The history of COGSA is set out in the hearings and committee reports of both houses considering the legislation. See Carriage of Goods by Sea: Hearing on S. 1152 Before the Senate Committee on Commerce, 74th Cong., 1st Sess. (1935); S. Rep. No. 742, 74th Cong., 1st Sess. (1935); H. R. Rep. No. 2218, 74th Cong., 2d Sess. (1936).
For several years after the enactment of COGSA many sectors of the maritime world continued to operate under the assumption that COGSA had effected no change in the law of deviation-based carrier liability. This and other circuits continued to apply insurer's liability to a carrier guilty of an unjustifiable deviation, see Romano v. West India Fruit Steamship Co., 151 F.2d 727, 730 (5th Cir. 1945); The Lafcomo, 64 F. Supp. 529, 531 (S.D.N.Y. 1946) (both citing pre-COGSA case law such as The Willdomino), in spite of the $500 per-package limitation that seemingly applied to every loss.
How a carrier could be held liable for a sum in excess of $500 in a case of unreasonable deviation when COGSA provides that his loss cannot exceed $500 "in any event" was first addressed in Jones v. The Flying Clipper, 116 F. Supp. 386, 1954 A.M.C. 259 (S.D.N.Y. 1953). Faced with seemingly unequivocal statutory language, the court nevertheless seized upon its perception of Congress's intent and found that Congress did not intend to supplant the existing law of deviation. The enactment of COGSA's $500 per-package limitation was viewed by the court as merely a means of insuring that no lesser amount of liability could be stipulated. As the court explained,
[e]xcept for this change in amount, the provision of the Act did not represent any basic departure from existing law. Neither the Convention nor the Act contains any provision concerning the legal result of an unjustifiable deviation. There is nothing in the history of the Act to indicate that Congress by fixing the limitation at $500 intended to displace the doctrine of unjustifiable deviation which was so firmly entrenched in maritime law. Such a drastic change in the existing law, with its far-reaching consequences in the commercial and financial world would have been expressed in clear and unmistakable terms.
Id. at 388-89 (footnote omitted). In reaching its holding the court quoted Senator White, one of COGSA's major proponents, to the effect that the act worked only four changes in the preexisting law, e. g., the Harter Act, 27 Stat. 445 (1893): "Four principal changes in the law will be worked by the legislation: The first one has reference to the limit of liability. Under this provision I should say generally that the limit of liability of the carrier is substantially increased." 116 F. Supp. at 389 n. 11 (quoting 79 Cong.Rec. 13341 (1935)). The district court also relied on Foscolo, Mango Co. v. Stag Line, Ltd., 41 Lloyd's List L.R. 165 (H.L.). There, the House of Lords, after having found an unreasonable deviation, went on to reject the contention that the carrier was entitled to limit his liability. Their reasoning, according to the district court, was based in large part on the notion that an unreasonable deviation breaches the contract of carriage, thereby making the voyage different from the one called for in the original bill of lading (to which the British act applied). The holding of The Flying Clipper has been consistently reaffirmed by courts in the Second Circuit. See Rosenbruch v. American Export Isbrandtsen Lines, Inc., 543 F.2d 967, 971 (2d Cir.), cert. denied, 429 U.S. 939, 97 S.Ct. 353, 50 L.Ed.2d 308 (1976); Iligan Integrated Steel Mills, Inc. v. SS John Weyerhaeuser, 507 F.2d 68, 72 (2d Cir. 1974), cert. denied, 421 U.S. 965, 95 S.Ct. 1954, 44 L.Ed.2d 452 (1975); Du Pont de Nemours International S. A. v. S.S. Mormacvega, 493 F.2d 97, 100 n. 9 (2d Cir. 1974); Encyclopaedia Britannica, Inc. v. SS Hong Kong Producer, 422 F.2d 7, 18 (2d Cir. 1969), cert. denied, 397 U.S. 964, 90 S.Ct. 998, 25 L.Ed.2d 255 (1970); Mitsubishi International Corp v. S.S. Glyfada Spirit, 1978 A.M.C. 480 (S.D.N.Y. 1978); cf. Cerro Sales Corp. v. Atlantic Marine Enterprises, Inc., 403 F. Supp. 562, 566 (S.D.N.Y. 1975) (unreasonable deviation deprives the carrier of the benefit of the one-year statute of limitations).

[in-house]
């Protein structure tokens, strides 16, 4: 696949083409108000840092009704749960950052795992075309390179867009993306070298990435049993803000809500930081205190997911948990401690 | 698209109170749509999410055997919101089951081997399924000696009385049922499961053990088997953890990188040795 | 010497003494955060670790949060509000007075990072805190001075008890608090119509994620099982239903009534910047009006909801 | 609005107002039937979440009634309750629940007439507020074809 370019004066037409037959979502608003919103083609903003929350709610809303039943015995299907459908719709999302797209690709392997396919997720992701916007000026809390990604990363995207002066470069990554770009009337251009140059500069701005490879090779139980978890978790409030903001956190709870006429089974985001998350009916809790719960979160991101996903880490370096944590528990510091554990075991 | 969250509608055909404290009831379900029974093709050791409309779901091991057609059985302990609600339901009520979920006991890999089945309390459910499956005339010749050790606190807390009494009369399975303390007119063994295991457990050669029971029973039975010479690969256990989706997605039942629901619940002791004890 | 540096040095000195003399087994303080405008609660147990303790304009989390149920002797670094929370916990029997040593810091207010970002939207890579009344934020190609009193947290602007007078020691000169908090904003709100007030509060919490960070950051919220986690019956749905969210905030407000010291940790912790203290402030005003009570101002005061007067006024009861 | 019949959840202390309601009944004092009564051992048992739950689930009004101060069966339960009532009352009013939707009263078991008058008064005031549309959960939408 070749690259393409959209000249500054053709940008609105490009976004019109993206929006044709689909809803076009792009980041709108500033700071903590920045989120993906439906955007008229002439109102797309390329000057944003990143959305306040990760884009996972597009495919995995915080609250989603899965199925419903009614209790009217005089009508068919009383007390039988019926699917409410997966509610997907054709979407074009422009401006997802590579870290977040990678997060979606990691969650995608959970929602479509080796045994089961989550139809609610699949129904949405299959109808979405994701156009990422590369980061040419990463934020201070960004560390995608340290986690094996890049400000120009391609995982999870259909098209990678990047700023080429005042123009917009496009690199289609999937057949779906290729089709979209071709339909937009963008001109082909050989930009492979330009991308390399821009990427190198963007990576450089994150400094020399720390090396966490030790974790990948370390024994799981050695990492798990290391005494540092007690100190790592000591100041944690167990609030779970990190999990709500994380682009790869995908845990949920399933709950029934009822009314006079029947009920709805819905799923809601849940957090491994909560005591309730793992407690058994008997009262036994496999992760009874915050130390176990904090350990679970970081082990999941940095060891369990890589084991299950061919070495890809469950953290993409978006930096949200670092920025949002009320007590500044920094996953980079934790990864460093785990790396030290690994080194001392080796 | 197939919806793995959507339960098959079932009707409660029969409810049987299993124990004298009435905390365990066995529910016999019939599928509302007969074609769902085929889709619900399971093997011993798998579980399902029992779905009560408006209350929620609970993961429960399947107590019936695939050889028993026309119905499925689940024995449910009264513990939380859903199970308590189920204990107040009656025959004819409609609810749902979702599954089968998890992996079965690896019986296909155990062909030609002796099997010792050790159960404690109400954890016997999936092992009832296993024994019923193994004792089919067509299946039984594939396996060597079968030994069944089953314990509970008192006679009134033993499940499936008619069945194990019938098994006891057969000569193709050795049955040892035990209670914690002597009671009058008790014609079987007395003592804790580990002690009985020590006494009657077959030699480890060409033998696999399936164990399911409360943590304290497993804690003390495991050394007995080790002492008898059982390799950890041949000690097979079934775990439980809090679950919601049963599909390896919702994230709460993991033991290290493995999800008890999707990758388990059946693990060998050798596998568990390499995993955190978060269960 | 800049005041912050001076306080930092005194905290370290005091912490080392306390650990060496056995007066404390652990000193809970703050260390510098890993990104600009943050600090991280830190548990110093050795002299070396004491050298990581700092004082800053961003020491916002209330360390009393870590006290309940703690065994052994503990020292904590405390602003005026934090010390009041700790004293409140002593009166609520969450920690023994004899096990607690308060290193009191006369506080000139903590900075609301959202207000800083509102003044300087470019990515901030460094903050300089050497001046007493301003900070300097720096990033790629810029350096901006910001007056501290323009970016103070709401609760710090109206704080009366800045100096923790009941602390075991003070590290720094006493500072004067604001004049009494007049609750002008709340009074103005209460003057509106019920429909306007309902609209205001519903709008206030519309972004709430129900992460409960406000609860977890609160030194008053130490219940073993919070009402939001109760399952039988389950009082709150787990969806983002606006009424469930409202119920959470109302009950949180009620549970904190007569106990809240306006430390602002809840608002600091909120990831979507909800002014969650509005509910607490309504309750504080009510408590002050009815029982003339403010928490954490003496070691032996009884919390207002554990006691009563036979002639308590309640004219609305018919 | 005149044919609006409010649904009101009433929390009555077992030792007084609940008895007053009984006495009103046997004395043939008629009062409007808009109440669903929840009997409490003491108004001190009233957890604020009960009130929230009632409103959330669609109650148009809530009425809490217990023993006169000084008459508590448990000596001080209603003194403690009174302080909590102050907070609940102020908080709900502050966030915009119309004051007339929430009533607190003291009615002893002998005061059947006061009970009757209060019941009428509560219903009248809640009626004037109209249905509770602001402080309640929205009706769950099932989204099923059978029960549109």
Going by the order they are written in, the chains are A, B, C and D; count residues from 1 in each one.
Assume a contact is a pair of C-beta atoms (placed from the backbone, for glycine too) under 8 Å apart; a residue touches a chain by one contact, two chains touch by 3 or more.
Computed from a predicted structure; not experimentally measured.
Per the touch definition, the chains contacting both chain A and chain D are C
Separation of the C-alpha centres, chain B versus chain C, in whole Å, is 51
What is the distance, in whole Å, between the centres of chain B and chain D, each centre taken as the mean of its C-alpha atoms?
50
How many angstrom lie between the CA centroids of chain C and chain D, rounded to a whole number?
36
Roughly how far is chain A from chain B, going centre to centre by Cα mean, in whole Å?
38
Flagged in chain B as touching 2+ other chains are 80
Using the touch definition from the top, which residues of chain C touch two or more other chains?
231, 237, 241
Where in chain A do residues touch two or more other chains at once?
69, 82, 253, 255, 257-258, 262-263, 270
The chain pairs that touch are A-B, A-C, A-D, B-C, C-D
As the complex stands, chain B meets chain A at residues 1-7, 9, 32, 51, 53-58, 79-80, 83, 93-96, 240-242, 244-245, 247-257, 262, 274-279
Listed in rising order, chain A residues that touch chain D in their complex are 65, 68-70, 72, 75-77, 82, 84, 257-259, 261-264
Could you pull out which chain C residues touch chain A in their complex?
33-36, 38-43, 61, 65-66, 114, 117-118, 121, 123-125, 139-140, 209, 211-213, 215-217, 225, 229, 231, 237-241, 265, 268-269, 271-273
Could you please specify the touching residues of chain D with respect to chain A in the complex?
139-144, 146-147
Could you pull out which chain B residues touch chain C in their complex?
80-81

Though we have not yet been called upon to decide whether an unreasonable geographic deviation nullifies COGSA's per-package limitation, we have considered whether an unreasonable deviation in the form of on-deck stowage in the face of a clean bill of lading has this effect. In Sea-road Shipping Co. v. E. I. duPont de Nemours Co., 361 F.2d 833 (5th Cir.), cert. denied, 385 U.S. 973, 87 S.Ct. 511, 17 L.Ed.2d 436 (1966), we held that such a non-geographic (quasi) deviation ousts the COGSA limitation and restores the carrier's full insurer liability. Chief Judge Brown, speaking for the court, said,
And although one highly respected authority raises a question whether under Cogsa the awesome insurer consequence should now be visited on the vessel for nongeographical deviations, and one Court of Appeals keeps a statutory, if not a contract, limitation alive, we have no doubt that the insurer liability continues after Cogsa to flow from on-deck deviation where the damage is causally related.